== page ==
The report highlights 6 revolutions that must take place by 2020 in order to meet the Sustainable Development Goals (SDGs) by 2030, and for human activities to be ‘net zero’ (have overall no change on the atmosphere) by 2050:

1.	Energy - Renewable energy outcompetes fossil fuelled electricity production in all countries. 2.	Infrastructure - Cities and states are implementing policies and regulations with the aim to fully decarbonise buildings and infrastructure by 2050. 3.	Transport - Zero emission transport is the preferred form of all new mobility in the world's major cities and transport routes. 4.	Land Use - Large-scale deforestation is replaced with largescale land restoration and agriculture shifts to earth friendly practices. 5.	Industry - Heavy industry - including iron & steel, cement, chemicals and oil & gas – commits being Paris compliant. 6.	Finance - Investment in climate action is beyond USD $1 trillion per year and all financial institutions have a disclosed decarbonisation strategy

Helena Morrissey, Head of Personal Investing, Legal & General Investment Management, also joined the panel said “I believe that climate change is a financial issue, they are intrinsically linked”. Helena discussed the need to move away from thinking that climate change is a special issue for specialists, but instead should be considered by the whole investment community.

The Mission 2020 movement views the climate challenge, not as a burden; but a tremendous opportunity. Through being ambitious they aim to inspire us all to meet the challenge, spur innovation, create new jobs and economic opportunities, and while at the same time nurture the benefits we get from an unspoiled natural environment . The campaign states that the intrinsic value of the benefits of climate action extend beyond just economic metrics, and indicate that by 2050 efforts to slow climate change could make us $19 trillion richer.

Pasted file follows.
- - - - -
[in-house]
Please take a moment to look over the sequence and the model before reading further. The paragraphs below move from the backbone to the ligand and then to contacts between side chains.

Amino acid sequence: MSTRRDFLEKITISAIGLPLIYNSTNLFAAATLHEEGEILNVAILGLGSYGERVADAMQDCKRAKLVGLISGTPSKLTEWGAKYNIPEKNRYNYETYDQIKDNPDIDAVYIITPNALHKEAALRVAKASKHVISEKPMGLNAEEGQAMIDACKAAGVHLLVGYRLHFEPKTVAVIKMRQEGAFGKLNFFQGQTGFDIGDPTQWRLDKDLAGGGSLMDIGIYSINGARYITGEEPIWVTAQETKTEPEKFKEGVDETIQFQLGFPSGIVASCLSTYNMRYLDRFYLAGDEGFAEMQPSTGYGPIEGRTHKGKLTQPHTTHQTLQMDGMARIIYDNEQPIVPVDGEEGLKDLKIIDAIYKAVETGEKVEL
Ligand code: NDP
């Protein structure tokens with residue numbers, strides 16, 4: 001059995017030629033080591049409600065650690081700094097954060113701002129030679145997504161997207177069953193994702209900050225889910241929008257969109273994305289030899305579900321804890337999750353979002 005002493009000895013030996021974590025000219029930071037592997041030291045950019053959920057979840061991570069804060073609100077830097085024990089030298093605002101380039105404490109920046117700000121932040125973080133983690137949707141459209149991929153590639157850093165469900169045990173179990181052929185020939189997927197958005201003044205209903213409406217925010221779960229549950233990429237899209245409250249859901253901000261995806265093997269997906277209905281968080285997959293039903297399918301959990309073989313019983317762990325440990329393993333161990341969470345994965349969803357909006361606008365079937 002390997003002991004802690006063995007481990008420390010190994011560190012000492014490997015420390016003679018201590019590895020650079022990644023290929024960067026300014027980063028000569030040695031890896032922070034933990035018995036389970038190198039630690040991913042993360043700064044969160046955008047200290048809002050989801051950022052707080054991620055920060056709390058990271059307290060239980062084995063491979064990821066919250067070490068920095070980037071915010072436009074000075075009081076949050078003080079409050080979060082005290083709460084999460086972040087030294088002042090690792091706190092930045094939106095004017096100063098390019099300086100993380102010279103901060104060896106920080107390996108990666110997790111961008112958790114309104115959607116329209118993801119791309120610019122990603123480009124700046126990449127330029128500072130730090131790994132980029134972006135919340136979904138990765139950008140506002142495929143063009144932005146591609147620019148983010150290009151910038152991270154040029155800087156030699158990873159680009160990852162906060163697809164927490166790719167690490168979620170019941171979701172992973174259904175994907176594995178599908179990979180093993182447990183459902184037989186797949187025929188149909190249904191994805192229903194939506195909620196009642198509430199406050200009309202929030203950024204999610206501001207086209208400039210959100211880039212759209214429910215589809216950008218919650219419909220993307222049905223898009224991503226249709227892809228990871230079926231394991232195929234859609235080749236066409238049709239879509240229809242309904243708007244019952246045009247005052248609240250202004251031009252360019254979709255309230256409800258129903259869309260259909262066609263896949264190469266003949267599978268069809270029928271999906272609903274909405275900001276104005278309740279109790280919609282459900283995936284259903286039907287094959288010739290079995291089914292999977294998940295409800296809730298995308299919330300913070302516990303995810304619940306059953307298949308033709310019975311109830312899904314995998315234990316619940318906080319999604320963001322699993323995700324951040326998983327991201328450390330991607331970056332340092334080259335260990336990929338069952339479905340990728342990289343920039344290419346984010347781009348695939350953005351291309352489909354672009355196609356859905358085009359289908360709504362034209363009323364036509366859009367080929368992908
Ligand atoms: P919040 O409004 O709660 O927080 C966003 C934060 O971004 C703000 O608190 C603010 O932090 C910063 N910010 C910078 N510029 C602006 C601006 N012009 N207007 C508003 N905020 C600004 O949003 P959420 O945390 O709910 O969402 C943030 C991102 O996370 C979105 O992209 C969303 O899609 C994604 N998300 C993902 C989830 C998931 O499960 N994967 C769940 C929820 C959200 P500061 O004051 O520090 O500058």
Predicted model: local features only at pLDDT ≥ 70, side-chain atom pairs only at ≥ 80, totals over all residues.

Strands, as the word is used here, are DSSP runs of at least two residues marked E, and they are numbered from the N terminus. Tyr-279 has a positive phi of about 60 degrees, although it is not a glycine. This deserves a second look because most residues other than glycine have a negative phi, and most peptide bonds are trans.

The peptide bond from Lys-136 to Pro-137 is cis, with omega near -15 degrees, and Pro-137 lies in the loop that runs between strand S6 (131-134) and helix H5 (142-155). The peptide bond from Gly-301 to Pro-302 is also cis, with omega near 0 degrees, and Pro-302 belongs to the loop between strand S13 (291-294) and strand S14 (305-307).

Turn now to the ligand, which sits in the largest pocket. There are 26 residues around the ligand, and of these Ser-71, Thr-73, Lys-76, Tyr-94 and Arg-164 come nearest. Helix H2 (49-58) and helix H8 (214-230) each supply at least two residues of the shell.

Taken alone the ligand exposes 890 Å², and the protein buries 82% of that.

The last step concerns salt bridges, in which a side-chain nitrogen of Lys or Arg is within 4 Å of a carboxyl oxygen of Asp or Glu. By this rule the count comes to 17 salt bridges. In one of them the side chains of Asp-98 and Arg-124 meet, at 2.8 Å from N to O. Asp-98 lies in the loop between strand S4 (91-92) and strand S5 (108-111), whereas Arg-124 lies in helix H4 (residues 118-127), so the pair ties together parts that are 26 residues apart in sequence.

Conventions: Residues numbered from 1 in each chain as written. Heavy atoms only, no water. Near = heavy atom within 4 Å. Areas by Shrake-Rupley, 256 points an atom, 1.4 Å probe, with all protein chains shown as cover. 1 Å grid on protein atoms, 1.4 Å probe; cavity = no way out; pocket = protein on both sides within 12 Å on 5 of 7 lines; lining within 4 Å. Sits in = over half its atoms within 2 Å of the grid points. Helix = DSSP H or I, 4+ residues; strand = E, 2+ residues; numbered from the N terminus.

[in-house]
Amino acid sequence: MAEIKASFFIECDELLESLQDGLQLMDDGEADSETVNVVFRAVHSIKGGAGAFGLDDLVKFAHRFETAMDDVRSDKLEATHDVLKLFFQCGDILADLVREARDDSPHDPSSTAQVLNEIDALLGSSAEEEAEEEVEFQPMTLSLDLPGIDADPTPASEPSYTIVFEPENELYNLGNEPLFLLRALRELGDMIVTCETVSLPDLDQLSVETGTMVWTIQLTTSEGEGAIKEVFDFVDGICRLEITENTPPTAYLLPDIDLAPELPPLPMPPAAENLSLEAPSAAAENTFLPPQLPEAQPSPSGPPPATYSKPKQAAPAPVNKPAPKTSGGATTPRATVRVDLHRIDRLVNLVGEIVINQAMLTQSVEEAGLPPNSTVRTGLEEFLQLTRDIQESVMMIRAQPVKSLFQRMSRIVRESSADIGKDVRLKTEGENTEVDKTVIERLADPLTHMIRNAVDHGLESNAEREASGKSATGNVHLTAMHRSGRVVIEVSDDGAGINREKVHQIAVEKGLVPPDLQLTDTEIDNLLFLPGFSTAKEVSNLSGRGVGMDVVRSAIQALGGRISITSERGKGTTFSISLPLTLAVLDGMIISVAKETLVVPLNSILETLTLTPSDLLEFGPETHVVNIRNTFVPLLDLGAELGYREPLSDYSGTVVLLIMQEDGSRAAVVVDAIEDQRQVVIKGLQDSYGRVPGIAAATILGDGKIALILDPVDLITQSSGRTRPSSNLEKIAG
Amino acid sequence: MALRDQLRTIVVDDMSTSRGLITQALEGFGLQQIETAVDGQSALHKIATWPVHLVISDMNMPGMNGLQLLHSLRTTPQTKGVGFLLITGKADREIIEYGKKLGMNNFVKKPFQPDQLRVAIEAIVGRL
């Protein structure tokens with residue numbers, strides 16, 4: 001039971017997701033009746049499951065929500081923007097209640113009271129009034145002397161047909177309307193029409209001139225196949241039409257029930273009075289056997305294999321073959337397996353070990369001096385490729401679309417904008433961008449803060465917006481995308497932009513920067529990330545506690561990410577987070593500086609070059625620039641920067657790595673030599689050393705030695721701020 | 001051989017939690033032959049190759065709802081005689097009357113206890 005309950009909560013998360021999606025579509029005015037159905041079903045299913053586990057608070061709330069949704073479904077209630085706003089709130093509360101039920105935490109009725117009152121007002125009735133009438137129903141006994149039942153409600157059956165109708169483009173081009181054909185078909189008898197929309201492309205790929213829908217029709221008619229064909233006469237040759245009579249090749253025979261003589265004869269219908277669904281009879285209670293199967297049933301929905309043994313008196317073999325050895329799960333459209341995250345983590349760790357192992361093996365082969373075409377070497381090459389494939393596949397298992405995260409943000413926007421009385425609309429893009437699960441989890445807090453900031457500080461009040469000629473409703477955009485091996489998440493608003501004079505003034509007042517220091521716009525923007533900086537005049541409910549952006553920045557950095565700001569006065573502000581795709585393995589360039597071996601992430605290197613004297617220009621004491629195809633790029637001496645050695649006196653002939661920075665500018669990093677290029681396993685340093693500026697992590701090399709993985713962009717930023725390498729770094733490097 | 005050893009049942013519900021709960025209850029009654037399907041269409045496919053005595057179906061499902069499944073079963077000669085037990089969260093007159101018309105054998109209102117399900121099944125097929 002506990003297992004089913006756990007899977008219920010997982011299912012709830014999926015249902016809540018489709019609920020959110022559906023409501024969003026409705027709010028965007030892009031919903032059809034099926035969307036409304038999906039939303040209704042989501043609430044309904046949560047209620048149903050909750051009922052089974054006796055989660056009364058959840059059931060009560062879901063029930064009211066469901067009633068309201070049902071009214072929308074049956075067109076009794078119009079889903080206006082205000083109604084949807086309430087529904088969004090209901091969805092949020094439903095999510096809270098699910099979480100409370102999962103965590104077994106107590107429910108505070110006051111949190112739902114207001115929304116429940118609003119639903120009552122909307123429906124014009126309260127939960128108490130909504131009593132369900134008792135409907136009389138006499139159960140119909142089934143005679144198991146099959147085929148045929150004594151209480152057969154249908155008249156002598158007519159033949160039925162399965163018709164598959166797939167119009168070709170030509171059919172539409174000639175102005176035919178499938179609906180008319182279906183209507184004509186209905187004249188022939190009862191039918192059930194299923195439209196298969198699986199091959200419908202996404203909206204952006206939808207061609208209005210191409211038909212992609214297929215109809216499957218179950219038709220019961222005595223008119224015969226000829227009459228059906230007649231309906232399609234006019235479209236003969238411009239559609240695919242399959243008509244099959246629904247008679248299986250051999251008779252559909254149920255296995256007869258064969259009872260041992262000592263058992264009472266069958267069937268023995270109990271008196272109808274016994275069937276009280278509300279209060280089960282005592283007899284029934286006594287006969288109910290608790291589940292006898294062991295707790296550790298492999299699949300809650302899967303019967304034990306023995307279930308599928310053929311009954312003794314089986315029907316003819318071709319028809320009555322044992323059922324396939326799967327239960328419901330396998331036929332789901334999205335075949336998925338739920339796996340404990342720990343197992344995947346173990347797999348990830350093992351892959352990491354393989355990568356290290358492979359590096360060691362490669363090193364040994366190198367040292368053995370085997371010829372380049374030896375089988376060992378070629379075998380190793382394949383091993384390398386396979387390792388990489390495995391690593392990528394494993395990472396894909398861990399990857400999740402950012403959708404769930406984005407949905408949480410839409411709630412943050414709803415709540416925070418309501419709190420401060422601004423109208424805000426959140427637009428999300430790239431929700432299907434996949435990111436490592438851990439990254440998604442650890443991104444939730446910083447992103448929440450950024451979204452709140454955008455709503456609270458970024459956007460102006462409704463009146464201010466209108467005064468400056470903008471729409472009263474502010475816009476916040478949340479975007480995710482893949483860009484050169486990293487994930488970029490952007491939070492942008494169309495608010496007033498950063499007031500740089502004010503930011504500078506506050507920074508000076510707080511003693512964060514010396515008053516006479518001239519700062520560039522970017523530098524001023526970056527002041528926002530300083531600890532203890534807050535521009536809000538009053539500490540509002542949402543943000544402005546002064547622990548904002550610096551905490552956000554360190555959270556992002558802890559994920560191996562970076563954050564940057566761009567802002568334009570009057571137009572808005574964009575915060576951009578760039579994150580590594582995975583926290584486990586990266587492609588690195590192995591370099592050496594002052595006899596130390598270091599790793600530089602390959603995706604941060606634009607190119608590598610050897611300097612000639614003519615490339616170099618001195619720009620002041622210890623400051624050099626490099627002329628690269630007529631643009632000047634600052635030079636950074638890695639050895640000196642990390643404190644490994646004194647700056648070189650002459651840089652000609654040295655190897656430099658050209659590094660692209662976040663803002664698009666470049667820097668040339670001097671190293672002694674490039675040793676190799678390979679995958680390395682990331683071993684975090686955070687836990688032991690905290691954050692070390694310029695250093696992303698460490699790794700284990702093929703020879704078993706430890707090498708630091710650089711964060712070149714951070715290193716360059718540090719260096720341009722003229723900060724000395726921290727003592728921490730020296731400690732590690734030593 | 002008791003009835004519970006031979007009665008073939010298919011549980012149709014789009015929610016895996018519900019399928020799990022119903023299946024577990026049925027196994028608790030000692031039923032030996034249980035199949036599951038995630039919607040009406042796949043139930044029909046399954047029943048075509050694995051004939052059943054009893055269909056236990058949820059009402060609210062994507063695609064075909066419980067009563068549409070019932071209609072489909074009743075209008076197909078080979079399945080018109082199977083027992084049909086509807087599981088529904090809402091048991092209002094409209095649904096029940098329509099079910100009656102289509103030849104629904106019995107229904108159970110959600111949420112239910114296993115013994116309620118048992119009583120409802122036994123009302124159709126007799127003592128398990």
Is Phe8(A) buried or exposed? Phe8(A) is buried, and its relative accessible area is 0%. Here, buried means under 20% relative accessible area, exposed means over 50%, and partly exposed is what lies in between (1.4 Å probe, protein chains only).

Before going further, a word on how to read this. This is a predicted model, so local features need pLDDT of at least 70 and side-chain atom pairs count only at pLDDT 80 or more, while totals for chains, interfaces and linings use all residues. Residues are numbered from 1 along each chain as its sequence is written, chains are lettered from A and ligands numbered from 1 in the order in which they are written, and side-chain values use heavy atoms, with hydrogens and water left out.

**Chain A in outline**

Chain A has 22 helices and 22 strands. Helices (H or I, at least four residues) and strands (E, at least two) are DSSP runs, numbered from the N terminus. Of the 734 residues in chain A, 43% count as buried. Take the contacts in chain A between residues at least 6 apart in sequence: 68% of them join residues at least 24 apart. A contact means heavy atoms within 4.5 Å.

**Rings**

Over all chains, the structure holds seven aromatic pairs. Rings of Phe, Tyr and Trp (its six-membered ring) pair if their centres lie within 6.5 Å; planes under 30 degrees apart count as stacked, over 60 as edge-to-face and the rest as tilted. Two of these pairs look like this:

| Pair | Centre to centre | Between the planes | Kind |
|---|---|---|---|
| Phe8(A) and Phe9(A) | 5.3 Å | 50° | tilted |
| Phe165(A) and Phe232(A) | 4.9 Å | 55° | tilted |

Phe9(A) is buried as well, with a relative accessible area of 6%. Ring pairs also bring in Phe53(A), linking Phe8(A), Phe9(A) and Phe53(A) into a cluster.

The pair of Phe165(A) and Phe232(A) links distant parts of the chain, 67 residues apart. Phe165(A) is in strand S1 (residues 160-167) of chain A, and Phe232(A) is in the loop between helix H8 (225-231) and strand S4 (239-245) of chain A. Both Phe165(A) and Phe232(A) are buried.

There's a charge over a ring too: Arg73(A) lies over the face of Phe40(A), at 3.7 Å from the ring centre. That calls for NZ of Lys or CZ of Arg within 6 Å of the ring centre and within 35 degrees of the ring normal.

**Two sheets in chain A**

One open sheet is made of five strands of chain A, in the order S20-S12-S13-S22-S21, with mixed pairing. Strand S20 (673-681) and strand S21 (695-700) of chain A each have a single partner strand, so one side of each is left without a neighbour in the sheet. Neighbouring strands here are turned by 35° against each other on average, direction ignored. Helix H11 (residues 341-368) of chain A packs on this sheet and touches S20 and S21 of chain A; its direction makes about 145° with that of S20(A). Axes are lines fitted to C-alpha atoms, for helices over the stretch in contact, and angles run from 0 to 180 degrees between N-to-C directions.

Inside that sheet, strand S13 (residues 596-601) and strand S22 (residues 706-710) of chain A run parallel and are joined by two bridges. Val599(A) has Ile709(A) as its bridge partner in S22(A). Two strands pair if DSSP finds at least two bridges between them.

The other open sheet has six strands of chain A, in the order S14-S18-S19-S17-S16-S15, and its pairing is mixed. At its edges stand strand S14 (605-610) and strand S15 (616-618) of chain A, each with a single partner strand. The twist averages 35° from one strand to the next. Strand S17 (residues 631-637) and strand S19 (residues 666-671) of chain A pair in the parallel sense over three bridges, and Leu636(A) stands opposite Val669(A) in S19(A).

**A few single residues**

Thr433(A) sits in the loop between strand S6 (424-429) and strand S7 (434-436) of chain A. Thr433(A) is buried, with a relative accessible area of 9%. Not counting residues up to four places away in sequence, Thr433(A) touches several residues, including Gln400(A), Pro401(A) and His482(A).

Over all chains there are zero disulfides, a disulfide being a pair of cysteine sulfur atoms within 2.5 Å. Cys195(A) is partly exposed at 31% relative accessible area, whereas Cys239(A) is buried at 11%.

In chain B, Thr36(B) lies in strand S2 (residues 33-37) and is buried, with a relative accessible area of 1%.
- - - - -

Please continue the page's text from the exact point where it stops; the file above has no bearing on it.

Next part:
Reasons to be optimistic

While we all acknowledge the serious challenges that climate change poses, for example possibly irreversible the recent catastrophic levels of damage to the Great Barrier Reef, there is evidence of the success of climate actions already undertaken. Global CO2 carbon dioxide emissions have plateaued; we have seen investment growth, technology breakthroughs and cost reduction; commitments for low carbon cities; the uptake solar and wind energy, growth of renewable energy jobs, and the signing of the Paris Agreement. Change is waiting, we just need to be ambitious enough to drive it forward.

Mission 2020 highlights that in the next three years, businesses, investors and policymakers need to take new actions across a wide range of sectors to meet the key global goals. Specifically, the report stresses the need for the cost of renewables to outcompete fossil fuels by 2020.

The campaign launches at a critical time for climate action. As global temperatures hit record highs for a third year in a row, many question the reality of meeting the 2oC target, let alone the ambition of 1.5oC. What we need now is commitment and optimism, and that is what Christiana Figueres and Mission 2020 are offering.

Find out more

2020 The Climate Turning Point Report – Mission 2020